We created robots, made them intelligent. They rebelled and wiped us out. Humans are extinct. Now there are a few robots who still survive on the fringes, not willing to be assimilated into the mainframe artificial intelligences that want to rule over everything.
This starts off brilliantly. The path that the author sets out, from early attempts to build artificially intelligent machines to the resulting moral choices that have to be made, is totally believable. It might not play out this way but it certainly could – to a degree that anyone who has an interest in AI should read this book, just to see what might result when someone allows themselves to think through the implications.
I wish the book could have found a way to finish there – this would have been an awesome science fiction short story.
But it starts to drag on, trying to add some meaning to the robots’ existence and then ending up with the typical Transformers-movie-type of robots just trying to beat the crap out of one another.
There is a female narrator all the way through (all too rare) and she does a good job of imbuing the robots with character and putting over some of the dark humour that resonates out of the story.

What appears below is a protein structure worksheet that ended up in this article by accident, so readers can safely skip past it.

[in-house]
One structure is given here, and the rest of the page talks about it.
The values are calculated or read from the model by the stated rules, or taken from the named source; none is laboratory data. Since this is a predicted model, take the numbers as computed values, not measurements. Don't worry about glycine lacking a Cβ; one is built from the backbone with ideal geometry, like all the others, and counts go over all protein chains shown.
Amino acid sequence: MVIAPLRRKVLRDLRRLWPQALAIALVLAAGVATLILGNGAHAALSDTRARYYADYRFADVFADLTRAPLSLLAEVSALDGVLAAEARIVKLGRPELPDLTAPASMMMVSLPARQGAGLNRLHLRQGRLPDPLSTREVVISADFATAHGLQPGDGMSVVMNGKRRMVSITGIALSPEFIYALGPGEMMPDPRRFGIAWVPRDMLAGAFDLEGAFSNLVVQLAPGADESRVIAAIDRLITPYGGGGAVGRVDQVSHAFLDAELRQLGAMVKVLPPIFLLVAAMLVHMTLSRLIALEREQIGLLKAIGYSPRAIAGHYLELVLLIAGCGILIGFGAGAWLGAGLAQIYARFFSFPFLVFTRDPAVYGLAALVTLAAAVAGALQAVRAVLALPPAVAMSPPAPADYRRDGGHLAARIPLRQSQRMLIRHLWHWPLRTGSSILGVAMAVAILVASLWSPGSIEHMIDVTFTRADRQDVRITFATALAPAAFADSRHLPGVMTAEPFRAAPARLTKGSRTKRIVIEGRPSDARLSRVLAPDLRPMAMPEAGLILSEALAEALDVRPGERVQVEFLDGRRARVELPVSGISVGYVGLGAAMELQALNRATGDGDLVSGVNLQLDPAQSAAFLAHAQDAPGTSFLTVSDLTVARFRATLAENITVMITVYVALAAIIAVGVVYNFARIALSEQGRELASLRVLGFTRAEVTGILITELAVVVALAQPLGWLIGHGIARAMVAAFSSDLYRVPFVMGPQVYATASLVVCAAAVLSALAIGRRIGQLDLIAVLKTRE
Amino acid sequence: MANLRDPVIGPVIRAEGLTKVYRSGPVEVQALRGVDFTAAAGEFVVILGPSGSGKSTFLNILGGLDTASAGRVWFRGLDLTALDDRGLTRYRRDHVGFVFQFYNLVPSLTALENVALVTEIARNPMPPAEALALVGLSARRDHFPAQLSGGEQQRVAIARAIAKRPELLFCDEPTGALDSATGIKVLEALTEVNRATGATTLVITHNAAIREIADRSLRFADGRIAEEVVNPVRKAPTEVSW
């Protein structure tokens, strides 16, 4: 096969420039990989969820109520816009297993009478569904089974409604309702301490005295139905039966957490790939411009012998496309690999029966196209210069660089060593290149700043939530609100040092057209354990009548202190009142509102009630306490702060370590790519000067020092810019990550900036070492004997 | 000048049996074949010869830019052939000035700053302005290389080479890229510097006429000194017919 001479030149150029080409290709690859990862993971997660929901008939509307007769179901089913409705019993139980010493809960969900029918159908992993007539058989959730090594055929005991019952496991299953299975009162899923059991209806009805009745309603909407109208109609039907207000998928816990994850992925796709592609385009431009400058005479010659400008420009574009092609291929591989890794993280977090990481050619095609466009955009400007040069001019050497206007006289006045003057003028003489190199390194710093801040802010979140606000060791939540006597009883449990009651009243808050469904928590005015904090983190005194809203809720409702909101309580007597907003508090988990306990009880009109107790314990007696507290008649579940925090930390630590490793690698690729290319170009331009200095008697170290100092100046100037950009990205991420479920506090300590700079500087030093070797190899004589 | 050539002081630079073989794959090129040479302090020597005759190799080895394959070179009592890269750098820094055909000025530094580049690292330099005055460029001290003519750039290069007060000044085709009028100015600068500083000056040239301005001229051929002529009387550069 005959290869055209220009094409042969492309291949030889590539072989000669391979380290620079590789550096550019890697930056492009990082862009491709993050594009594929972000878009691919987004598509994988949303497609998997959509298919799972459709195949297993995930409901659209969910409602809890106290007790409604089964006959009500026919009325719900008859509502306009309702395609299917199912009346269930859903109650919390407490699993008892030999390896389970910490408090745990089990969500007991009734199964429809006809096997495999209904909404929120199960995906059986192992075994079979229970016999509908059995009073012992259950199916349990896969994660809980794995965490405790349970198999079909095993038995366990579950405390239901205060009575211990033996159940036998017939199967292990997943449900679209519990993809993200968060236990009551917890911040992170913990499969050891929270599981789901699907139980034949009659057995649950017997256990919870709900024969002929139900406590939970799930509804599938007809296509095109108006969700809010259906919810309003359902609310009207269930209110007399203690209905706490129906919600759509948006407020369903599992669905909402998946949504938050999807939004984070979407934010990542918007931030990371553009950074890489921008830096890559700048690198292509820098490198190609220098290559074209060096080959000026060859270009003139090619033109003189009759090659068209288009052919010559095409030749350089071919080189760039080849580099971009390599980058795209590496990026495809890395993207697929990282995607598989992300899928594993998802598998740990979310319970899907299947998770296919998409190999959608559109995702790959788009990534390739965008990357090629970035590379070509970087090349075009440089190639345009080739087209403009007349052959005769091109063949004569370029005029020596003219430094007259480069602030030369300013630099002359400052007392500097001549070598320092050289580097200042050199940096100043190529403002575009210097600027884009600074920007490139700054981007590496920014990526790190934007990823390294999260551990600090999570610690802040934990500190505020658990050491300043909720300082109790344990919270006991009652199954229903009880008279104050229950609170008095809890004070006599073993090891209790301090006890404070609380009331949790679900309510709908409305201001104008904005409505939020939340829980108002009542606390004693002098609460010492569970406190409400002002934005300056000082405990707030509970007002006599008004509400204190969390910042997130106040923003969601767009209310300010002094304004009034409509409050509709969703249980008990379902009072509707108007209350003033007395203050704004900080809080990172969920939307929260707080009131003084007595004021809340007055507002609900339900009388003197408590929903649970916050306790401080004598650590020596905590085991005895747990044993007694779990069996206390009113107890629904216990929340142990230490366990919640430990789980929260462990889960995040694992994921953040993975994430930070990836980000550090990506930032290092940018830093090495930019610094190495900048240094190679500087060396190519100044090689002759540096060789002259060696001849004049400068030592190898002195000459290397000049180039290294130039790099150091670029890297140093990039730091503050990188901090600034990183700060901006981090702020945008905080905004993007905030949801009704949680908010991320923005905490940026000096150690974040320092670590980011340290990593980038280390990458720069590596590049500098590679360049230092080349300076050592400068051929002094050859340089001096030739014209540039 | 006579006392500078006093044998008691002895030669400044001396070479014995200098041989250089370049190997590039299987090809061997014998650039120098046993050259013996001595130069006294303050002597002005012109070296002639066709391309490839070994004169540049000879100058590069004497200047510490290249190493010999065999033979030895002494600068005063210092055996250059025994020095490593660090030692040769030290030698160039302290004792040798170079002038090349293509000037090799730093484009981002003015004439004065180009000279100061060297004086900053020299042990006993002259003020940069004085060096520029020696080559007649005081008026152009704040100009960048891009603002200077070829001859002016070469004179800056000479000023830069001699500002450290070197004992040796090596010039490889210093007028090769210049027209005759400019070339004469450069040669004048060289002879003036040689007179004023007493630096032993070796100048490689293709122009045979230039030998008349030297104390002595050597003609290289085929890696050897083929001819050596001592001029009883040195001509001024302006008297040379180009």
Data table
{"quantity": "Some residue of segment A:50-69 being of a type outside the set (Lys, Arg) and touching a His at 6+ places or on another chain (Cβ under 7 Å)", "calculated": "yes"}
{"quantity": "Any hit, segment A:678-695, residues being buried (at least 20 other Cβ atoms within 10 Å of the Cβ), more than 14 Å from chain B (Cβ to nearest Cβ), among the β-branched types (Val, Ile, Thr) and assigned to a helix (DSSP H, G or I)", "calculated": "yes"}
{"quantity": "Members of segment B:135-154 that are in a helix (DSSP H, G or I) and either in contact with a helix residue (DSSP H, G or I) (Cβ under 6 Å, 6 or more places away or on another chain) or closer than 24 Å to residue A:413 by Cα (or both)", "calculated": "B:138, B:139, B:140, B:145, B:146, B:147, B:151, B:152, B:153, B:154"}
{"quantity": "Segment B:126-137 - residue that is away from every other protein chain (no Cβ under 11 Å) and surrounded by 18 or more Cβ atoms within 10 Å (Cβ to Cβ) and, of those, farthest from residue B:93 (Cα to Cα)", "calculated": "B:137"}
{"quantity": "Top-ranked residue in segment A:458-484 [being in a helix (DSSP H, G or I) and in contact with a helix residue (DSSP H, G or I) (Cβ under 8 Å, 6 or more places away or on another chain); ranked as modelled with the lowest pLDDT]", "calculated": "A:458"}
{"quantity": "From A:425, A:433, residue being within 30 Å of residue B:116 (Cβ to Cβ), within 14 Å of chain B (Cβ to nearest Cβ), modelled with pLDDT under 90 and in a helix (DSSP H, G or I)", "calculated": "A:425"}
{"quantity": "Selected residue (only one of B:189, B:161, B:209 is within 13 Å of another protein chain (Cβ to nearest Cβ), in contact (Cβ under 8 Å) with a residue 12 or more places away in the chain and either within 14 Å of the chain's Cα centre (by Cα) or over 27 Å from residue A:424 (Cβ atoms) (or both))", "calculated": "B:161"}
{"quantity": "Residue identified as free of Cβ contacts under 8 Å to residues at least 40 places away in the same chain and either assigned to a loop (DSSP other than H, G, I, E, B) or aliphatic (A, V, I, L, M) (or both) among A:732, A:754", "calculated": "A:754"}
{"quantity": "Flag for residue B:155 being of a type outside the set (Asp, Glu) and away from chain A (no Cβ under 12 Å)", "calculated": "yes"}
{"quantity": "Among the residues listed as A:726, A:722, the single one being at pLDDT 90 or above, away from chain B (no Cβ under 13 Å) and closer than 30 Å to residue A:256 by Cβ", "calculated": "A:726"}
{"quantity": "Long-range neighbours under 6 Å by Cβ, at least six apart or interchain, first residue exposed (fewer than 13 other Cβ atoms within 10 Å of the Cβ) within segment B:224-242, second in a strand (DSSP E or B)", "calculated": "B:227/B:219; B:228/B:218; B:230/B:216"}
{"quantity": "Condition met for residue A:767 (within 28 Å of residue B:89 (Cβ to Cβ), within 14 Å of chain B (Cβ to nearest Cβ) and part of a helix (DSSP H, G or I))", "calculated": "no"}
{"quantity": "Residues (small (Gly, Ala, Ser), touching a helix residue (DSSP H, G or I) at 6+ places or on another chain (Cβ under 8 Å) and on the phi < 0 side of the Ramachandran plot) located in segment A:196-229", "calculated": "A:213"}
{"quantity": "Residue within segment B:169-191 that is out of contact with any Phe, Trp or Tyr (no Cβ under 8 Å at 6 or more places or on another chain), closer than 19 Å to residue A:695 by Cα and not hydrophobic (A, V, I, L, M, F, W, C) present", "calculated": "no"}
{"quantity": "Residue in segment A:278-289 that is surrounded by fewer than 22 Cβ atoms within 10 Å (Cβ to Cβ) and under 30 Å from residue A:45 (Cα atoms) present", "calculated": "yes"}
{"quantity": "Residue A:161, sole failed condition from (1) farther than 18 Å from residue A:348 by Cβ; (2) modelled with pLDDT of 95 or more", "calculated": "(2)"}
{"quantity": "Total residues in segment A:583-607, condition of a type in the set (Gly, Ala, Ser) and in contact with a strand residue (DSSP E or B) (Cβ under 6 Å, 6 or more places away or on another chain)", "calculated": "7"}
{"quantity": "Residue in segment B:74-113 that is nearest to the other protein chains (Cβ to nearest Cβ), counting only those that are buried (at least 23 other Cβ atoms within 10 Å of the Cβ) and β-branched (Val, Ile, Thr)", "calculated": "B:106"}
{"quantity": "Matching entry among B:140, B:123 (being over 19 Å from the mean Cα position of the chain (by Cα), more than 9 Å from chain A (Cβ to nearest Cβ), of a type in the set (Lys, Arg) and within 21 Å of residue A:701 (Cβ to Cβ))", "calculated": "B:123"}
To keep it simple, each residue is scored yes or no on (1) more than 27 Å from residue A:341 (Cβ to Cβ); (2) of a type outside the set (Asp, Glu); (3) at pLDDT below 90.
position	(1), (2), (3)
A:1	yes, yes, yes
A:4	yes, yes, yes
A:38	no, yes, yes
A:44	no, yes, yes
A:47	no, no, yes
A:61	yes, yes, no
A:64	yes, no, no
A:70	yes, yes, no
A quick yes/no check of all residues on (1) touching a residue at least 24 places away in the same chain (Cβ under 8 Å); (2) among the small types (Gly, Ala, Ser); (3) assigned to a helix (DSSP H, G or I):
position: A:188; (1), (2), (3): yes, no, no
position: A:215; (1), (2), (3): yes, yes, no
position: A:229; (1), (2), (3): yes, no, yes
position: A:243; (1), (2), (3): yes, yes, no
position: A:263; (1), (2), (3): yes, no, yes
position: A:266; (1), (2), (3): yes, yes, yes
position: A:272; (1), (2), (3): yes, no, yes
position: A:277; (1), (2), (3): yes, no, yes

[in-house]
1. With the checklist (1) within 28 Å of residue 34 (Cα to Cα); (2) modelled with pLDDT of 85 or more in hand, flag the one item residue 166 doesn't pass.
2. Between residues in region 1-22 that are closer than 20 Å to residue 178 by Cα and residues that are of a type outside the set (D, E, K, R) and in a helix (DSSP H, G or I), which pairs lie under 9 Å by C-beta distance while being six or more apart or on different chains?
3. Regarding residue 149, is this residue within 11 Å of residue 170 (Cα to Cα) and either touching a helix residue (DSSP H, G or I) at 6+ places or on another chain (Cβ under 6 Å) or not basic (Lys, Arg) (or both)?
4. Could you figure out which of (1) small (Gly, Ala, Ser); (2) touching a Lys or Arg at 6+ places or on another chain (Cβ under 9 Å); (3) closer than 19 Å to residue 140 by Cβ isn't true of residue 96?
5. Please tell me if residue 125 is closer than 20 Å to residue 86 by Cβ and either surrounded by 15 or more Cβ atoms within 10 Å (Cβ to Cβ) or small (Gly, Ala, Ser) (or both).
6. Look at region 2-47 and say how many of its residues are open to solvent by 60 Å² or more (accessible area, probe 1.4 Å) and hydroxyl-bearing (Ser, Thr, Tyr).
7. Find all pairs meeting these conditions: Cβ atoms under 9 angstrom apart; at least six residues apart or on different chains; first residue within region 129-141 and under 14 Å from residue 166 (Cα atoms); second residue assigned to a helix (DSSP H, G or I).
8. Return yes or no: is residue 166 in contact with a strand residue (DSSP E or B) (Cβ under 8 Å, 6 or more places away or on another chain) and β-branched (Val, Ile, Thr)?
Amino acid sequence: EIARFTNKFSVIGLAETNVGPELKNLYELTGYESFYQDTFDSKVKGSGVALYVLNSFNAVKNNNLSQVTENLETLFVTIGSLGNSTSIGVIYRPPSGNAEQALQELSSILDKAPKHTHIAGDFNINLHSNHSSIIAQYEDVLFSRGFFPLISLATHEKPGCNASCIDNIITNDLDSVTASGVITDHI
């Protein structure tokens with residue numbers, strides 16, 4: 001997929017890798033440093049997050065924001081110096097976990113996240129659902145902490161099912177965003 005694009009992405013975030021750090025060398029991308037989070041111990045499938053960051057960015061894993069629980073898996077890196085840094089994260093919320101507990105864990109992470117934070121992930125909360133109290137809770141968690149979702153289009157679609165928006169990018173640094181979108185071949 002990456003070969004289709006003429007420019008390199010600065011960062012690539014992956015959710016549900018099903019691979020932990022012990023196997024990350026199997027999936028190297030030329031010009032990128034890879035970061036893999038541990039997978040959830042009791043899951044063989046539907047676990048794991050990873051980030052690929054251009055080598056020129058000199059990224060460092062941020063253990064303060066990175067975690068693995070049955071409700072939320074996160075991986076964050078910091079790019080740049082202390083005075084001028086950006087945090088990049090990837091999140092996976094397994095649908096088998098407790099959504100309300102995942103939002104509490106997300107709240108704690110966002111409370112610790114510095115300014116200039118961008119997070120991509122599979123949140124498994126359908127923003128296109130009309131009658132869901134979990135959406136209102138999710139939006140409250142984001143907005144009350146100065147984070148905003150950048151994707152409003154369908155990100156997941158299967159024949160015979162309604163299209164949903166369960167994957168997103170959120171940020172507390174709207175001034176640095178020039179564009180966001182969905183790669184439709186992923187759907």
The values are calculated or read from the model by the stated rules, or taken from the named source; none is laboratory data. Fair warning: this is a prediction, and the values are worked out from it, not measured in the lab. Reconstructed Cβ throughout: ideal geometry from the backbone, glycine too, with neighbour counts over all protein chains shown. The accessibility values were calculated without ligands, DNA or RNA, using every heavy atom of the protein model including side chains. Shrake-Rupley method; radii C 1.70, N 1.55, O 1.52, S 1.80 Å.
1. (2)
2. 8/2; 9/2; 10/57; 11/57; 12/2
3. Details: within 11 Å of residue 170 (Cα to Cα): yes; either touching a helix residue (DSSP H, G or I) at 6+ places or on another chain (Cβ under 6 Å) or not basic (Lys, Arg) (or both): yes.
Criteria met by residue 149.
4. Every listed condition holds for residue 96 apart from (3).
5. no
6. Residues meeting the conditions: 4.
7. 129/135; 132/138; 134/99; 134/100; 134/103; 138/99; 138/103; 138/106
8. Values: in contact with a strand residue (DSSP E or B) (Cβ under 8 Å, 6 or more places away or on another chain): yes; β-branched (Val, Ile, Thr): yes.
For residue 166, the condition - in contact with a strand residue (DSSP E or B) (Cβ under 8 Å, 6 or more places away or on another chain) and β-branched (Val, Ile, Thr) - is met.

This is a book of two halves – unmissable, essential at first and good but not that good at the end.
For a while now I have been reading more about the history of computing (in the USA and in particular Silicon Valley). It started with the sublime article “The Tinkerings of Robert Noyce” by Tom Wolfe in Esquire magazine and followed by the revelatory – to me at least – Rolling Stone article “SPACEWAR” by Stewart Brand. Next up was the wonderful book “Troublemakers” which covered Silicon Valley from 1969 to 1984.
The reason I’m interested in this is because the more I find out about the history of computing, the more I realise that the world that we live in today was conceived several decades ago. Ideas that we think of as modern originated back then.
What they predicted back then, we are enmeshed in today.